Fallen Heroes

“Die to be a hero”

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Marine Private Bernie John Lunas, 21, from Barangay Hindi, Bacacay town in Albay, one of the youngest of 13 Marines killed in action on June 9 in battle-scarred Marawi City has come home.

Bernie, who turned 21 last April 5, was the second son of Barangay Captain Juan and Jocelyn Lunas. The couple has three other children.

Cut down in his prime by a cruel war, Bernie was like any other young man from a family of modest means. An artist, he had dreamed of being an architect one day.

He took the entrance exams at Bicol University in Legazpi but did not make the cut because there was a quota for architecture. Instead, he enrolled in industrial design so he could shift to architecture later. Taking advantage of all opportunities available to him, Bernie also attended a Technical Education and Skills Development Authority (TESDA) program in San Francisco, Malilipot town but was encouraged by a kababayan (townmate) to enlist in the military service.

Last Christmas Day, he went to Metro Manila to report to Fort Bonifacio and from there he was sent to Ternate, Cavite for military training.

His aunt, Evangeline Lunas-Baseloña, told The Manila Times that Bernie would have graduated in August from the rigid training at the Marine Corps.

She added that Bernie went home three times from the time he started military training. “His last visit to his family was last April during Holy Week break just before going through another schooling to be promoted.”

Private Bernie was first assigned to Marine Battalion Landing Team 7 in Sultan Kudarat but two weeks before completing his schooling he was pulled out on June 4 and sent to Marawi.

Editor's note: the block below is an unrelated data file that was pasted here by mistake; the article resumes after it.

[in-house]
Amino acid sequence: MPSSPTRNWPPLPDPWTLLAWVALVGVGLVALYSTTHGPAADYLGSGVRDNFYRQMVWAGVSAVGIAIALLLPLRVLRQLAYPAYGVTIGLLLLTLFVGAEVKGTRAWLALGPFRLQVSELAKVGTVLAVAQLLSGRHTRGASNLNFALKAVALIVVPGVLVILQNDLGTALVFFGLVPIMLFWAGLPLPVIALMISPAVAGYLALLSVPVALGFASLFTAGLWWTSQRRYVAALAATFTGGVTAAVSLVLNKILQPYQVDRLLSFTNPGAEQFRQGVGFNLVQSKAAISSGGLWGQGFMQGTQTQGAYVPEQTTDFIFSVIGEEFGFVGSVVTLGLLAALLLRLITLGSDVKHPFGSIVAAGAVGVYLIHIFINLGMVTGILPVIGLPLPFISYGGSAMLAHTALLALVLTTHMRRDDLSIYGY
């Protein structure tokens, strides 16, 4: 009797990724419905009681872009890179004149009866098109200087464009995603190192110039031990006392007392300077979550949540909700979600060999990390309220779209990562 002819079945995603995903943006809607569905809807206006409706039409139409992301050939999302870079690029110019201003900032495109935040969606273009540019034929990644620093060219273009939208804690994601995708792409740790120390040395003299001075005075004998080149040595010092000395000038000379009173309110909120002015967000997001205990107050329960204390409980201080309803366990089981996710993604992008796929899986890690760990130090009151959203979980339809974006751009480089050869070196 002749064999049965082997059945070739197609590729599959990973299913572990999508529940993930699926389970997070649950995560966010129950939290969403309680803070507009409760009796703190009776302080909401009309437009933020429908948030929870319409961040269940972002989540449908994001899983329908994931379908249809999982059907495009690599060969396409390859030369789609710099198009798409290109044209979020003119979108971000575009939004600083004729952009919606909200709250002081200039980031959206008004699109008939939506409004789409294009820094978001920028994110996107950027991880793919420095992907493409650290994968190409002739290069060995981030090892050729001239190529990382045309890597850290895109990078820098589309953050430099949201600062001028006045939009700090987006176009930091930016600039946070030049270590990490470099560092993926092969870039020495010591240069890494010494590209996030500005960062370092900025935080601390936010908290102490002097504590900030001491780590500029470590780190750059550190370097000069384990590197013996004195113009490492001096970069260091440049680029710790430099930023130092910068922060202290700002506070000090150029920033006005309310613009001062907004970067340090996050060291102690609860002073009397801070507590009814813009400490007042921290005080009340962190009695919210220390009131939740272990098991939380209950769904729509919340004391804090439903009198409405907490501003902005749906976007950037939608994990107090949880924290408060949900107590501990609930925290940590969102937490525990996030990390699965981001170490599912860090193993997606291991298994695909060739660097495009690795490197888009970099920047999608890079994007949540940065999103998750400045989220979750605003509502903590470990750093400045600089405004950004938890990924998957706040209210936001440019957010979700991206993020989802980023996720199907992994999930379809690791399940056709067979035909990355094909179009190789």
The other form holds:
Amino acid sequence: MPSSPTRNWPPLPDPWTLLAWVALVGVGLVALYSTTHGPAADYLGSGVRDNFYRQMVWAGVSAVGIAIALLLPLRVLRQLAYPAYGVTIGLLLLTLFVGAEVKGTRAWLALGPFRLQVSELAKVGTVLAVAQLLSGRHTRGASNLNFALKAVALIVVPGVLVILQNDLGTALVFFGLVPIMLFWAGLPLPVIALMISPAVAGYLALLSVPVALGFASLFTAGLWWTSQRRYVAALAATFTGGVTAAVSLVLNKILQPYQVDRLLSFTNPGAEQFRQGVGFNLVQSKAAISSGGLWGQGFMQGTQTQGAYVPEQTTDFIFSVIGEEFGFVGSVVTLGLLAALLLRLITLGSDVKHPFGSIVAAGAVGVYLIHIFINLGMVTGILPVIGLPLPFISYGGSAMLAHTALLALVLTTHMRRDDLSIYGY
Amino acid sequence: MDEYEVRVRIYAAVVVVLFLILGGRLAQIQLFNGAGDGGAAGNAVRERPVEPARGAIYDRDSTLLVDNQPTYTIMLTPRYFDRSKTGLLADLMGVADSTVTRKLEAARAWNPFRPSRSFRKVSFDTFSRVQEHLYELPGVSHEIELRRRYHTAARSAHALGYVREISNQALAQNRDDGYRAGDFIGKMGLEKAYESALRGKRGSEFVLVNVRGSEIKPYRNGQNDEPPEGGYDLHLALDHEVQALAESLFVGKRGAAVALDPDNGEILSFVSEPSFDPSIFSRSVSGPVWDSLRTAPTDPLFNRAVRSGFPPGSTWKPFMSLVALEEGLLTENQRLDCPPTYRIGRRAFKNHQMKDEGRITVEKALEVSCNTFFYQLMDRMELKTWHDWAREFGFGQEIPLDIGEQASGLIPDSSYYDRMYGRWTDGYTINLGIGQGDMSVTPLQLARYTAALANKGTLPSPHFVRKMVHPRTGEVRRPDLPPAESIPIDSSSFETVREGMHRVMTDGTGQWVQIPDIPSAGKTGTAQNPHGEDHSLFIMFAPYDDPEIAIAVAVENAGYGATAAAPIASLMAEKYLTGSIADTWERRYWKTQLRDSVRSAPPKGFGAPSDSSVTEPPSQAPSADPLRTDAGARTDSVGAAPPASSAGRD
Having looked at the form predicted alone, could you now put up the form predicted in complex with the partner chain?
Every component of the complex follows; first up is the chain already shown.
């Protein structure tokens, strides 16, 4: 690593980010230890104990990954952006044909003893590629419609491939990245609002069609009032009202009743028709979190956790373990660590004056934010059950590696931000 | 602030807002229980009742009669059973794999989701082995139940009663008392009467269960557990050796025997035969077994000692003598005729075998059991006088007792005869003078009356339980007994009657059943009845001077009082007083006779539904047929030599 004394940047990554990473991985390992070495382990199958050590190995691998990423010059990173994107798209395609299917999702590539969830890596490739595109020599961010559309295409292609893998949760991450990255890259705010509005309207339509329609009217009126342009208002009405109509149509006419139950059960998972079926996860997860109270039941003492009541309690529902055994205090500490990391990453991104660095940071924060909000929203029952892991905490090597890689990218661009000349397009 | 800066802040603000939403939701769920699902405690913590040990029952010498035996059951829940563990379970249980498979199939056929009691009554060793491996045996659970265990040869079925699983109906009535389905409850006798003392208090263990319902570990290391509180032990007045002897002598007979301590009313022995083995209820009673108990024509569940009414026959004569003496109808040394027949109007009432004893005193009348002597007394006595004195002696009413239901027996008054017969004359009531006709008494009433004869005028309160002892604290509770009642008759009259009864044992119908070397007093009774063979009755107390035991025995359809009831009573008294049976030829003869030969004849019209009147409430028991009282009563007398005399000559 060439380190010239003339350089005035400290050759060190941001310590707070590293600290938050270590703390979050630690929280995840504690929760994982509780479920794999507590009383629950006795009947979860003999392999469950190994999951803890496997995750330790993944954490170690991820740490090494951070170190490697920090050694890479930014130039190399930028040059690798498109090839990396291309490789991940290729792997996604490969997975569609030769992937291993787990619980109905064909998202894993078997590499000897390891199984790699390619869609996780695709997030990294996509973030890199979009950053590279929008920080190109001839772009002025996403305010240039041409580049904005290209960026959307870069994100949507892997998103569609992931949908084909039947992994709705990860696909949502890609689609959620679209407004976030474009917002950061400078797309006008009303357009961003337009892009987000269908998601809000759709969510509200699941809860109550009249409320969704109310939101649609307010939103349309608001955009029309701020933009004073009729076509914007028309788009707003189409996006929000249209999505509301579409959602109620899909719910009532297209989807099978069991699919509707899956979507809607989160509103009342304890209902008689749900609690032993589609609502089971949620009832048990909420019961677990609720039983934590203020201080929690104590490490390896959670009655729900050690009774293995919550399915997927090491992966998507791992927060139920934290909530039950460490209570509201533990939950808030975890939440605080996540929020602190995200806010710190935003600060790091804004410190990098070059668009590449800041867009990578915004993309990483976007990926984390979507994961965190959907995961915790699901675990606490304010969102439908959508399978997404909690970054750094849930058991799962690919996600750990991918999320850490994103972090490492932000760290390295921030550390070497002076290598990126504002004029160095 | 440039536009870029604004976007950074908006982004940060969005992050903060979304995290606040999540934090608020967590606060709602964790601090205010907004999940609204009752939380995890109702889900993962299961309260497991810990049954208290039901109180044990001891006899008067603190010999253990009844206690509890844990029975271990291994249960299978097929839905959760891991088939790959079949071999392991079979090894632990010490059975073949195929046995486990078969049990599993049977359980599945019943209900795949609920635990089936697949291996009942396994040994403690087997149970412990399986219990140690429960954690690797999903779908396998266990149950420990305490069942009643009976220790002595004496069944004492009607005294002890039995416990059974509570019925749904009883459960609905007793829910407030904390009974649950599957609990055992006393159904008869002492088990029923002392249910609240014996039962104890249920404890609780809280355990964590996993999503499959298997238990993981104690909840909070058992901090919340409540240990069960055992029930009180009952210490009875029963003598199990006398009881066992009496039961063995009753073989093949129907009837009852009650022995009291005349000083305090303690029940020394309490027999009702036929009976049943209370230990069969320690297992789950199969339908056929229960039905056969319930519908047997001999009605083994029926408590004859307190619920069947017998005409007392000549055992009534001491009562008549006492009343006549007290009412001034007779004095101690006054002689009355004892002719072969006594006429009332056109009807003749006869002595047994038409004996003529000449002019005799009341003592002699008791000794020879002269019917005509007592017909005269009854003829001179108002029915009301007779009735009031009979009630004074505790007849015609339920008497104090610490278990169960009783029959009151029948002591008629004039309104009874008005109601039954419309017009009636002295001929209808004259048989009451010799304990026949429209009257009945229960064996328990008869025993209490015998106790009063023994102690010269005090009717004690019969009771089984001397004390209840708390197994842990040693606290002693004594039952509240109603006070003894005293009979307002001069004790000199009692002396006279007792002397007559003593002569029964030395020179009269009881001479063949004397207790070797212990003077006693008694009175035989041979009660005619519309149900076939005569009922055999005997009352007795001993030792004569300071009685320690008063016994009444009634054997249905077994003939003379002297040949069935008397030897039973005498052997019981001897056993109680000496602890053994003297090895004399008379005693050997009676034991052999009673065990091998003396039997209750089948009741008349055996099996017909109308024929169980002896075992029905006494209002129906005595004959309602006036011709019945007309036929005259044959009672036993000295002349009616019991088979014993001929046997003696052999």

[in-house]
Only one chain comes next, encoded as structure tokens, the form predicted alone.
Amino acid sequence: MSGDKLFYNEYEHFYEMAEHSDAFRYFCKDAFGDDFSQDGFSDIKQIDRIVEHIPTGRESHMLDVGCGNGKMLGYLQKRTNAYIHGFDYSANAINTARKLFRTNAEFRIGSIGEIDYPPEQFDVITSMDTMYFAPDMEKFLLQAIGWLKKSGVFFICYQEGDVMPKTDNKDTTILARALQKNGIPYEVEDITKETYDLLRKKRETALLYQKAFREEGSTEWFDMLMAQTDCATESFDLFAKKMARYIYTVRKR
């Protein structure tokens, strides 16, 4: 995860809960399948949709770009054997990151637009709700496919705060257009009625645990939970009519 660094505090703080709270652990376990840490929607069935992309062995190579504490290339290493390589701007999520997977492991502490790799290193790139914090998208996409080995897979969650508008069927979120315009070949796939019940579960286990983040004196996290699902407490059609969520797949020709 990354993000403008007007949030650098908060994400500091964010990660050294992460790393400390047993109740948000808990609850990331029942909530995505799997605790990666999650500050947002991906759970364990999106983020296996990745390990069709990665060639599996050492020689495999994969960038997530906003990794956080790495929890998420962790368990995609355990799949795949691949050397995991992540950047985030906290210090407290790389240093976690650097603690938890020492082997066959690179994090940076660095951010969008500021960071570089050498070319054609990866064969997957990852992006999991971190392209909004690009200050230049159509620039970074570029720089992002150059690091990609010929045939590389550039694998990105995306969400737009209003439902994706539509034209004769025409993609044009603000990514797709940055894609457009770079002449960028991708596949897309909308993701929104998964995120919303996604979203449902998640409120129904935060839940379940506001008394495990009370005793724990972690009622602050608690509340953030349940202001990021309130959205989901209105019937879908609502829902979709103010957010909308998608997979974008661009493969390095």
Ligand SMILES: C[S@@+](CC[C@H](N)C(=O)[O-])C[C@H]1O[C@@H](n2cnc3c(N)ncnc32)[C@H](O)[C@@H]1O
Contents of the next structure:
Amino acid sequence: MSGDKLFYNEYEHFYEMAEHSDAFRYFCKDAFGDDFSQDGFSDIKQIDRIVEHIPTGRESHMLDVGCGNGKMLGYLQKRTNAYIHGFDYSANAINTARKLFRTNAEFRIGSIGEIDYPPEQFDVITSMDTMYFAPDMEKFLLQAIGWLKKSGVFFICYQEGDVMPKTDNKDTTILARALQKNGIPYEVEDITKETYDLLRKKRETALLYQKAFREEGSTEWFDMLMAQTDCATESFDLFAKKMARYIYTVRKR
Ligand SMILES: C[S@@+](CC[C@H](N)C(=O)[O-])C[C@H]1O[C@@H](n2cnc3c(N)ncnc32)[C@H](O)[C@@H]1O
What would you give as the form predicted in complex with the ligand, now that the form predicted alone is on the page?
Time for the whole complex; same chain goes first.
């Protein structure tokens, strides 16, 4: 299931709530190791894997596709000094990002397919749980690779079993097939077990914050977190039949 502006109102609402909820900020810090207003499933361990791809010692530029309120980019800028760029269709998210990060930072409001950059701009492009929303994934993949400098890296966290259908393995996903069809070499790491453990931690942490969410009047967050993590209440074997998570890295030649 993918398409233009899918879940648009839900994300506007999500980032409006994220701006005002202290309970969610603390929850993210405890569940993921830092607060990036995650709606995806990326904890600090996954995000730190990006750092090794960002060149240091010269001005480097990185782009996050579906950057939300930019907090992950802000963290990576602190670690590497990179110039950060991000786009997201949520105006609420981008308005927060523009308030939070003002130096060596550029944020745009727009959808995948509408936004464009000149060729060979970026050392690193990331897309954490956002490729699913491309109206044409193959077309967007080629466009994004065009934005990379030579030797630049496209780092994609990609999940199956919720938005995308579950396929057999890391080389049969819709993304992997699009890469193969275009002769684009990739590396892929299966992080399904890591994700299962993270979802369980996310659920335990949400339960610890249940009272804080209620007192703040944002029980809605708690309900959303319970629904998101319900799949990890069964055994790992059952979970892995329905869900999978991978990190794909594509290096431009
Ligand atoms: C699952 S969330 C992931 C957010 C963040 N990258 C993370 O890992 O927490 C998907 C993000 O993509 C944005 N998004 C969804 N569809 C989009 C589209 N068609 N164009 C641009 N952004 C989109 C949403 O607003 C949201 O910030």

Six months before his death, Bernie posted a photo on his FB wall with signage 37th Marine Company, Marine Battalion Landing Team-7, Kalamansig Sultan Kudarat. Its caption – “die to be a hero.”

On Monday, Independence Day, Bernie’s father and his three younger siblings proceeded to Tactical Operations Group 5-Philippine Air Force headquarters along with other relatives and friends including Mayor Dinky Romano of Bacacay town to bring Bernie back home.

Like the other 12 Marines who fell in Marawi City, Bernie is home, a hero. But to his family and friends, it was not the homecoming they would have expected for this young man in uniform.

On Tuesday, Bernie’s father made the last journey home from Manila with his son as well as Bernie’s brother-in-arms Marine Cpl. Roland Sumagpang of Ocampo, Camarines Sur.

Their remains were flown home to Legazpi City on a C-295 flown by Philippine Air Force first woman pilot-in-command Maj. Geraldine Abigail Matienzo and co-pilot Maj. Floraine Reyes.

The fallen heroes were given arrival honors by members of the Southern Luzon Naval Forces led by Navforsol deputy commander Capt. Toribio Adaci Jr.

At home, Bernie’s mother Jocelyn and elder brother Aron John, 22, who recently passed the certified public accountancy board, silently waited for him.

Jocelyn could not come to terms with Bernie’s fate. She said the last time she talked to her son was on the night of June 8. “I was praying so hard for his safety and that the conflict in Mindanao will be resolved soon. That like the other young soldiers, he would be home soon,” she told The Manila Times.

On June 9, a Marine officer called her up saying that something happened to Bernie. Just like any mother, she held on, kept praying, hoping that her son was only wounded in the firefight. But the Marine officer gently broke the news – Bernie was one of 13 soldiers killed in action against the Maute group.

“My son was part of the clearing team in Marawi City when killed by the terrorists. I prayed hard that he will make it home to us,” she said in between sobs.

Source: manilatimes.net

SELFLESS AND DEDICATED MARINE